Iair Said’s Most People Die On Sundays and Michael Fetter’s Mannequins took two prizes each as Daniela Abad Lombana’s These Were All Fields, also triumphed Wednesday at San Sebastian Festival’s prize ceremony for winners at its main industry competitions: the Europe-Latin America Co-production Forum and WIP Latin America and WIP Europa pix-in-post showcases.
Also among winners were Barbara Sarasola-Day’s Little War, Lucila Mariani’s The Days Off and Naomi Pacifique’s after the night, the night, the latter heading home with the trophy at San Sebastián’s Ikusmira Berriak, seen as a pivotal young talent residency in Spain.
Said’s second film uses a sweet and sour comedy tone to follow the vicissitudes of a young homosexual Jew when he has to go home to face his father’s last days. Prizes galore go to the winning film, ranging from sound mixing, digital effects, translation, and subtitle localization, to post-production coordination, sound design, and guaranteed release in Spain. It also picked up the Egeda Platino Industria Award for best WIP Latam title, carrying a €30,000 ($31,800) cash prize to the lead producer.
The talented Aenne Schwarz (All Good) stars in Michael Fetter Nathansky’s Mannequins. A romantic drama set against a social bacSan Sebastian Industry Awards: Most People Die on Sundays, Mannequins Win Double kdrop about the magic of falling in love and the painful process of falling out in one of Europe’s biggest mining areas, the project participated in the Cutting Edge Talent Camp of Mannheim-Heidelberg. Winning both WIP Europa awards puts Fetter on a roll, having co-scripted Sophie Linnenbaum’s Karlovy Vary 2022 hit The Ordinaries.
Tasked with selecting standout projects from a strong field in the Europe-Latin America CoPro Forum were Frédéric Cornet, managing and artistic director of Belgium’s Cinema Galeries; Basque-based producer Izaskun Arandia, and Maru Garzón, artistic director of the Los Cabos Film Festival in Mexico.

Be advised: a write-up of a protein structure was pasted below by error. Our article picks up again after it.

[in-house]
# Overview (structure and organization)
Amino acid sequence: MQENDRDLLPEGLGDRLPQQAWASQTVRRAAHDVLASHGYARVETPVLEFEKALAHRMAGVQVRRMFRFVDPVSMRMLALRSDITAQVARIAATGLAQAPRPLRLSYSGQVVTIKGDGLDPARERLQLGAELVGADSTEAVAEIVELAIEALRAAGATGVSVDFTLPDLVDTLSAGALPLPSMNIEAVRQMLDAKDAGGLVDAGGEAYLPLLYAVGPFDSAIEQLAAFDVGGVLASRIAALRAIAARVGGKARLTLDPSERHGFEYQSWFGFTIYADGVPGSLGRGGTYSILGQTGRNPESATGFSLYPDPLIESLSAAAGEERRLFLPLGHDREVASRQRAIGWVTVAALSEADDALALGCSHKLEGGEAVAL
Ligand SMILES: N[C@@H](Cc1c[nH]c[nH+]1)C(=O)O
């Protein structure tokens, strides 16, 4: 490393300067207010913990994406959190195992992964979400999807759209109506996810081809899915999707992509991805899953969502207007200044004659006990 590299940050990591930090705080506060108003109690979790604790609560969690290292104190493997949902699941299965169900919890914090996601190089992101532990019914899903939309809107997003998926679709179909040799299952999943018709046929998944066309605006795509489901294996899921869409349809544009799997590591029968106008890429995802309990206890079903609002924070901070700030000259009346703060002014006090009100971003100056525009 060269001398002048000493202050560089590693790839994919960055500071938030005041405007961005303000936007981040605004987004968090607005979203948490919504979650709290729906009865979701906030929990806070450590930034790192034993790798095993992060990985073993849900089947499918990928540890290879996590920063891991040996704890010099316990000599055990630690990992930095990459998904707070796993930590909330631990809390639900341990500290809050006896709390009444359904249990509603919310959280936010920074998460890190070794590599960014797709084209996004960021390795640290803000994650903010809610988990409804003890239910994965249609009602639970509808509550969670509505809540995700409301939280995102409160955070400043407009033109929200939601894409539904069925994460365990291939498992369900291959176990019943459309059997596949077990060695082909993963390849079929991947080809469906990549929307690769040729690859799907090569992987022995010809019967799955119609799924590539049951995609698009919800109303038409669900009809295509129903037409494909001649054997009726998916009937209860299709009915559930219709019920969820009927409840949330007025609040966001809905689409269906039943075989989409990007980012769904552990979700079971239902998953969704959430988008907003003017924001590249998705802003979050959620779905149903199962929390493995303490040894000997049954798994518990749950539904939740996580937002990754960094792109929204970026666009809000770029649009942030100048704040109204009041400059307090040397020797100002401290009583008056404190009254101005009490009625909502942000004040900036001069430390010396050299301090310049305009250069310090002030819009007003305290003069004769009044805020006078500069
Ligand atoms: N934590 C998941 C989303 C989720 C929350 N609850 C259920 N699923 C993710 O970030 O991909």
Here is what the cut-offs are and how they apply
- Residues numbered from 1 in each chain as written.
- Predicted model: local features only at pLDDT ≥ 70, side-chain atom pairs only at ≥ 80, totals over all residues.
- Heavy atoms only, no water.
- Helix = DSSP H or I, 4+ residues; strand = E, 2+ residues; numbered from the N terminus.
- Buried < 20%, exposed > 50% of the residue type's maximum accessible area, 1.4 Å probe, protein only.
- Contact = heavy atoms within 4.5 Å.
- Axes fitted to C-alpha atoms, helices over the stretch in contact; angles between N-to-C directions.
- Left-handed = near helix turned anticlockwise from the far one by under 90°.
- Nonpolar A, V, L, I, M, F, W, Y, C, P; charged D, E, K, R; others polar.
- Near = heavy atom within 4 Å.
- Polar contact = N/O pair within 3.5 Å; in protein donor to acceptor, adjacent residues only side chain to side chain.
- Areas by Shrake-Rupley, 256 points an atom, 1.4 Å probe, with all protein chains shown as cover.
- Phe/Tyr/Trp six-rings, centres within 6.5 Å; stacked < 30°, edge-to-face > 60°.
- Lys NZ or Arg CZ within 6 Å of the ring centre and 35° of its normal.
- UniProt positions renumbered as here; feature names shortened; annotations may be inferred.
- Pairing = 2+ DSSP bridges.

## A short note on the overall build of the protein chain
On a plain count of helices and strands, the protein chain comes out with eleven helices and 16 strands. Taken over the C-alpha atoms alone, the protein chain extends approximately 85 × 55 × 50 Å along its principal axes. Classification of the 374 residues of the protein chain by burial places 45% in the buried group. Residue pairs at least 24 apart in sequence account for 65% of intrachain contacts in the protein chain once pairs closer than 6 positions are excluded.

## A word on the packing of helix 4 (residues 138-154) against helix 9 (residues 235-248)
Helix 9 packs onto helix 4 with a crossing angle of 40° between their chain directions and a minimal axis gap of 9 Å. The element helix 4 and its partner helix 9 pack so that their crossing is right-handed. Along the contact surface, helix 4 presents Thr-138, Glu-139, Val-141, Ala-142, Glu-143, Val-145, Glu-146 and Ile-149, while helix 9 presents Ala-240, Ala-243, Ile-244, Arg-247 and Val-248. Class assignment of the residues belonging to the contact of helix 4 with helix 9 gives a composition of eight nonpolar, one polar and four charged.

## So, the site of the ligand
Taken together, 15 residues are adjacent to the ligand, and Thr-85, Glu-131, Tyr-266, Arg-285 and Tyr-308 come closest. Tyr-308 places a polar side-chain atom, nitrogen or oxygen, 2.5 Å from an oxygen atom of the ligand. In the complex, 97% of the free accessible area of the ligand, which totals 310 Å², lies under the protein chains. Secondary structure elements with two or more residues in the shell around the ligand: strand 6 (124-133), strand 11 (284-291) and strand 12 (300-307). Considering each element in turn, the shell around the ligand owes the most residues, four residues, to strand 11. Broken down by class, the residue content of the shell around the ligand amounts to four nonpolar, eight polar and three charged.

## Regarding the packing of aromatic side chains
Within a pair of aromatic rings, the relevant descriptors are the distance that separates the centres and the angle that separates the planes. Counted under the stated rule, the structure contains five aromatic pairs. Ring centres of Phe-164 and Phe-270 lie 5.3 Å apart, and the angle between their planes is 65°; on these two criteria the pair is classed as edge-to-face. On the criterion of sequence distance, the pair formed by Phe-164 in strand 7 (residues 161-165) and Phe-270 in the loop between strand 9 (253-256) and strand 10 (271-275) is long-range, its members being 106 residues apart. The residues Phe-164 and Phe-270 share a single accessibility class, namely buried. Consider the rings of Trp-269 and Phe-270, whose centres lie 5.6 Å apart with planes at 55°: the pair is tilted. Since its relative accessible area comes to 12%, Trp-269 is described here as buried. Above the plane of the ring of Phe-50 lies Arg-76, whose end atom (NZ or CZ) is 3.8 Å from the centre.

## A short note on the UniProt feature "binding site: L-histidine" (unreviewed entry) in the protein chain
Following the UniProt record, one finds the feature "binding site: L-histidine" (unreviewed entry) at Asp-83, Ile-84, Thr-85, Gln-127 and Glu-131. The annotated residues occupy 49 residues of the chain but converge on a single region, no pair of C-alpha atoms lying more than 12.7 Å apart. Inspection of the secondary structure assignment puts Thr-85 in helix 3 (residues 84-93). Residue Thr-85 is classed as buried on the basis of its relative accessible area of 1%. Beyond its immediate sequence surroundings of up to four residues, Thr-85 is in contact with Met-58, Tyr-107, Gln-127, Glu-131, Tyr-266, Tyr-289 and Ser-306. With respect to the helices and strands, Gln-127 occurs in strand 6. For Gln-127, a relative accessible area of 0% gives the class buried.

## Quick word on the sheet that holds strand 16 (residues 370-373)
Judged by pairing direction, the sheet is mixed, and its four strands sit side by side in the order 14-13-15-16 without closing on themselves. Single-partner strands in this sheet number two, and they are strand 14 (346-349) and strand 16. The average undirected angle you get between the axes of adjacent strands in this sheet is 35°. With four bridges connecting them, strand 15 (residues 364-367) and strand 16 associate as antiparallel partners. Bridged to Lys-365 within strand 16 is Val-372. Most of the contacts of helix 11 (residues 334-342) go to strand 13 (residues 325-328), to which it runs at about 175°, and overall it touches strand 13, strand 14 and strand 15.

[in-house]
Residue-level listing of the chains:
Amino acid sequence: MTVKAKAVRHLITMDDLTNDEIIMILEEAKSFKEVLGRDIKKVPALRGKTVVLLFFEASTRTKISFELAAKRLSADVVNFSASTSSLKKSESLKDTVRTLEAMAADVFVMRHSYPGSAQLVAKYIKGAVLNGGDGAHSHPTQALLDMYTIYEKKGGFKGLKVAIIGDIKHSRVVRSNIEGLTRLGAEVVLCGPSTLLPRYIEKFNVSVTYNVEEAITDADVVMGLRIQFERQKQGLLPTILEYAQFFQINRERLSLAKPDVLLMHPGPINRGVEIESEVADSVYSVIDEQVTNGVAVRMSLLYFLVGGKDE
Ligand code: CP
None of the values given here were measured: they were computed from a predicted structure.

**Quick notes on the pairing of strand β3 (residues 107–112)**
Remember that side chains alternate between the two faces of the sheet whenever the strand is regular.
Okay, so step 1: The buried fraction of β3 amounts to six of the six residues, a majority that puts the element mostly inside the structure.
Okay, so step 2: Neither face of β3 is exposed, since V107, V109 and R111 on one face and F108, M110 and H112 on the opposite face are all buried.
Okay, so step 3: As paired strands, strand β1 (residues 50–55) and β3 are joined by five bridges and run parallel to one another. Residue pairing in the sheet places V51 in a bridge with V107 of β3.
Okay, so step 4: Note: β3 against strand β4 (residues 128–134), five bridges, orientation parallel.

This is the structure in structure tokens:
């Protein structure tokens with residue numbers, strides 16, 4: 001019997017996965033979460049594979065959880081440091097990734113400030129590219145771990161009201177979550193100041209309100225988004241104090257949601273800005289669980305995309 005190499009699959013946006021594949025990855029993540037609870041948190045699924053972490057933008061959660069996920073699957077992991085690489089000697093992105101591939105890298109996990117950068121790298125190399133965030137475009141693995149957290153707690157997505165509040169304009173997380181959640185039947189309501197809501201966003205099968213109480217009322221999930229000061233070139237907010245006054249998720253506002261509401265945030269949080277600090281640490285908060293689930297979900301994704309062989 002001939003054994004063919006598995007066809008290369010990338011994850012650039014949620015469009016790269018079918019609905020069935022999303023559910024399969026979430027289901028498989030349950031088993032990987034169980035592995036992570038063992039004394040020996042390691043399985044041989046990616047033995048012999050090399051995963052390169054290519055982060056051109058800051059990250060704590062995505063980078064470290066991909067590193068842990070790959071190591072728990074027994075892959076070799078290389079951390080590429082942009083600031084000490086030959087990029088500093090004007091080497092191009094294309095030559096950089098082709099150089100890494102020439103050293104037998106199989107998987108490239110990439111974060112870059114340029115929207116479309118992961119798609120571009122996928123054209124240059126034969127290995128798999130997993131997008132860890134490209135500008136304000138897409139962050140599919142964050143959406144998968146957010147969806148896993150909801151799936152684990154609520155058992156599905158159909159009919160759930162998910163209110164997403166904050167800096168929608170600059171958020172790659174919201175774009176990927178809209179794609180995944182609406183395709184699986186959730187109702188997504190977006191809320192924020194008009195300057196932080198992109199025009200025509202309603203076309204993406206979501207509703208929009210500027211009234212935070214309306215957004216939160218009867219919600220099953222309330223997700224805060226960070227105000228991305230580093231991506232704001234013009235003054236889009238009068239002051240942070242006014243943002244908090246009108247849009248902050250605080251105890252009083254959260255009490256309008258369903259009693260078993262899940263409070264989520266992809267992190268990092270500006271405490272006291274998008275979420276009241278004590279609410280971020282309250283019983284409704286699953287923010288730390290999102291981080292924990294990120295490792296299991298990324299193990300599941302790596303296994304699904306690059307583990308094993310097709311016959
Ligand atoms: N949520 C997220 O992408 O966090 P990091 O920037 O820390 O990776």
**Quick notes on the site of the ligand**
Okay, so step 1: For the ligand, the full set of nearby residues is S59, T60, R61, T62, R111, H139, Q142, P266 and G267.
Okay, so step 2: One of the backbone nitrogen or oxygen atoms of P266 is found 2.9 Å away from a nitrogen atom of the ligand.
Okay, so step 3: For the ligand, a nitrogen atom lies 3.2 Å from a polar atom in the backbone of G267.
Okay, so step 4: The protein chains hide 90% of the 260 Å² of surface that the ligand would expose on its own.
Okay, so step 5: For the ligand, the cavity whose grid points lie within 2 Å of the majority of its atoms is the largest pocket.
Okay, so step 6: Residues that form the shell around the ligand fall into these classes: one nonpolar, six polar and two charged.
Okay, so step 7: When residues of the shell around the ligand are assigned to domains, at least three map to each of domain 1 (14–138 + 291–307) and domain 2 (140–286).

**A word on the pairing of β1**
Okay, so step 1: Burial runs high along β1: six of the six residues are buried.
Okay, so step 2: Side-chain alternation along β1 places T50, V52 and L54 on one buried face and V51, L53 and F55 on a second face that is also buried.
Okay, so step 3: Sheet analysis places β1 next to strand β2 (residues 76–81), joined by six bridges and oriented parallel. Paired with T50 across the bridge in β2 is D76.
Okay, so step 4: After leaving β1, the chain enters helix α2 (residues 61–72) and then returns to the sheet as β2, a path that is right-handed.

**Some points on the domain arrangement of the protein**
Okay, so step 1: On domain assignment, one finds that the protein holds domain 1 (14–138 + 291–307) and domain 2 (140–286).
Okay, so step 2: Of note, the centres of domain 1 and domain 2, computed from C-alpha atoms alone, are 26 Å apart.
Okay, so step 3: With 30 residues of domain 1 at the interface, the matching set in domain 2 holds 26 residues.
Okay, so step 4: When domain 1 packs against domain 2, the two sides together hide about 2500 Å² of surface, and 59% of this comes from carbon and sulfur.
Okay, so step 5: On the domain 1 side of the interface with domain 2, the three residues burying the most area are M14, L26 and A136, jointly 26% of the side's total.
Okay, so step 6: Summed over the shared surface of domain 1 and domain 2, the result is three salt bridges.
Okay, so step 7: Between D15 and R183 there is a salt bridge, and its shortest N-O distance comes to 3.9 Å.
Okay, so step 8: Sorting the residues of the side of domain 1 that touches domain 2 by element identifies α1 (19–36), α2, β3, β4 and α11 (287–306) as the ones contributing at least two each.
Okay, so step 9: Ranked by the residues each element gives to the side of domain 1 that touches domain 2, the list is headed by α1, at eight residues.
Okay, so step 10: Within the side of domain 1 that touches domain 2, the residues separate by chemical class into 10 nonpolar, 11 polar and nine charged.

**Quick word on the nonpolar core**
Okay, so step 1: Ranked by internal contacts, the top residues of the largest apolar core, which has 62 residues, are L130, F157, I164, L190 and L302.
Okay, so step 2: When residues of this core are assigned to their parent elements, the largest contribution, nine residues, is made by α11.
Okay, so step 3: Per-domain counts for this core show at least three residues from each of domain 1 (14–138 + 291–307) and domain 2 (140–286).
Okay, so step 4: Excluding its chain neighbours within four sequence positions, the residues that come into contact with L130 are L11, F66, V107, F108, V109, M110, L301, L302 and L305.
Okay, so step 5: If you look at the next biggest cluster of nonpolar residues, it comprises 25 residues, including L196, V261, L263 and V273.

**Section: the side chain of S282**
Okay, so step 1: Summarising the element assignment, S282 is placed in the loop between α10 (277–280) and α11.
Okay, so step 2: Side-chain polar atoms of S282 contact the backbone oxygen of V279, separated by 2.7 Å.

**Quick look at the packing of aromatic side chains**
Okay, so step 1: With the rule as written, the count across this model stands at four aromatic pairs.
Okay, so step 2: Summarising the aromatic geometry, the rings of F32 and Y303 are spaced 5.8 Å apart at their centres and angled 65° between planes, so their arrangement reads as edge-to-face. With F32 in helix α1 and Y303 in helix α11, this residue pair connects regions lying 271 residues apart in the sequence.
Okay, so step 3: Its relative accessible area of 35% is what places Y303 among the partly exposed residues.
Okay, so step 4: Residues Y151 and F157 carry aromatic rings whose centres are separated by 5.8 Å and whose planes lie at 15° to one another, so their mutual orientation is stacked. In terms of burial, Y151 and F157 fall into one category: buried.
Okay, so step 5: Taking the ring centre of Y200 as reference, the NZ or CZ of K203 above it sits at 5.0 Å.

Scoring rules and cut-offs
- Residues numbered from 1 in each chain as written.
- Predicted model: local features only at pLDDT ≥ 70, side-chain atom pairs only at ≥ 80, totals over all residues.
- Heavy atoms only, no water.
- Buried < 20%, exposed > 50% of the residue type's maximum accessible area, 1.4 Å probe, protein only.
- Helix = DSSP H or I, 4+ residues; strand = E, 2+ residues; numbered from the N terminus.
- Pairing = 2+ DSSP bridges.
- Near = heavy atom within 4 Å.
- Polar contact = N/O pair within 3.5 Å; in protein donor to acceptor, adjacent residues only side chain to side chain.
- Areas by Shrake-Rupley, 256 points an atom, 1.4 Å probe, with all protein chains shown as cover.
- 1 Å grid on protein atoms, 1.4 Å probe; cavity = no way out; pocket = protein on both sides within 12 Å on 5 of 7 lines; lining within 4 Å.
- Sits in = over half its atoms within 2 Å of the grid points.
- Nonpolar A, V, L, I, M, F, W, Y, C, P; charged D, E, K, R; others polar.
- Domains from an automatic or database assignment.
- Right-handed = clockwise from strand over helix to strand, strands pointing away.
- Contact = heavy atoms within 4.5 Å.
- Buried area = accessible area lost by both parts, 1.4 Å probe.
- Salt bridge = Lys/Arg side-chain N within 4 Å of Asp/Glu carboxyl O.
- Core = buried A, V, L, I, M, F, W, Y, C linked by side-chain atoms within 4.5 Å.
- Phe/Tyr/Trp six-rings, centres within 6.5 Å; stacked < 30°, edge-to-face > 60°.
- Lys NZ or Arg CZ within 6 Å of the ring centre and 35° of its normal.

Their pick for best project was These Were All Fields, set up at Medellín’s La Selva Cine, a producer on Laura Mora’s 2022 San Sebastian winner The Kings of the World. It tells the story of a teenager who has to face the truth about her father’s hidden life, while building a relationship with her mother for the first time – all set against the backdrop of Colombia’s terrible violence of the ‘90s.
Further accolades at the Forum went to Sarasola-Day’s Little War and Lucila Mariani’s The Days Off. The latest as a director from Sarasola-Day, having produced the current San Sebastian competition title Puan, her film is set in 1982 at an Anglo-Argentine community in Argentina, as the Falklands War is about to unfold. Judy, 55, dying from cancer, determines to pass on in times of war, the “weapons” she believes her little granddaughter will need for life after she is gone. Their film is inspired by Sarasola-Day’s own grandmother.
Lead produced by Paula Zyngierman and Leandro Listorti’s MaravillaCine in Buenos Aires, Lucilla Mariani’s debut turns on her cousin telling Bego (11), who’s at a summer camp, that she can switch realities by shifting, a viral technique on TikTok. However, when everyone around her faints and falls ill, she begins to realize that things might be more complicated than just an internet trend.
Leaving San Sebastian with the Ikusmira Berriak Award for after the night, the night from Swiss-Dutch multi-disciplinary artist Naomi Panique. Exploring monogamy, Amsterdam, and all facets of relationships, it is slated to be delivered in 2025. Until then, it will be taking this boost to developing the projects to go as far and as well as they can.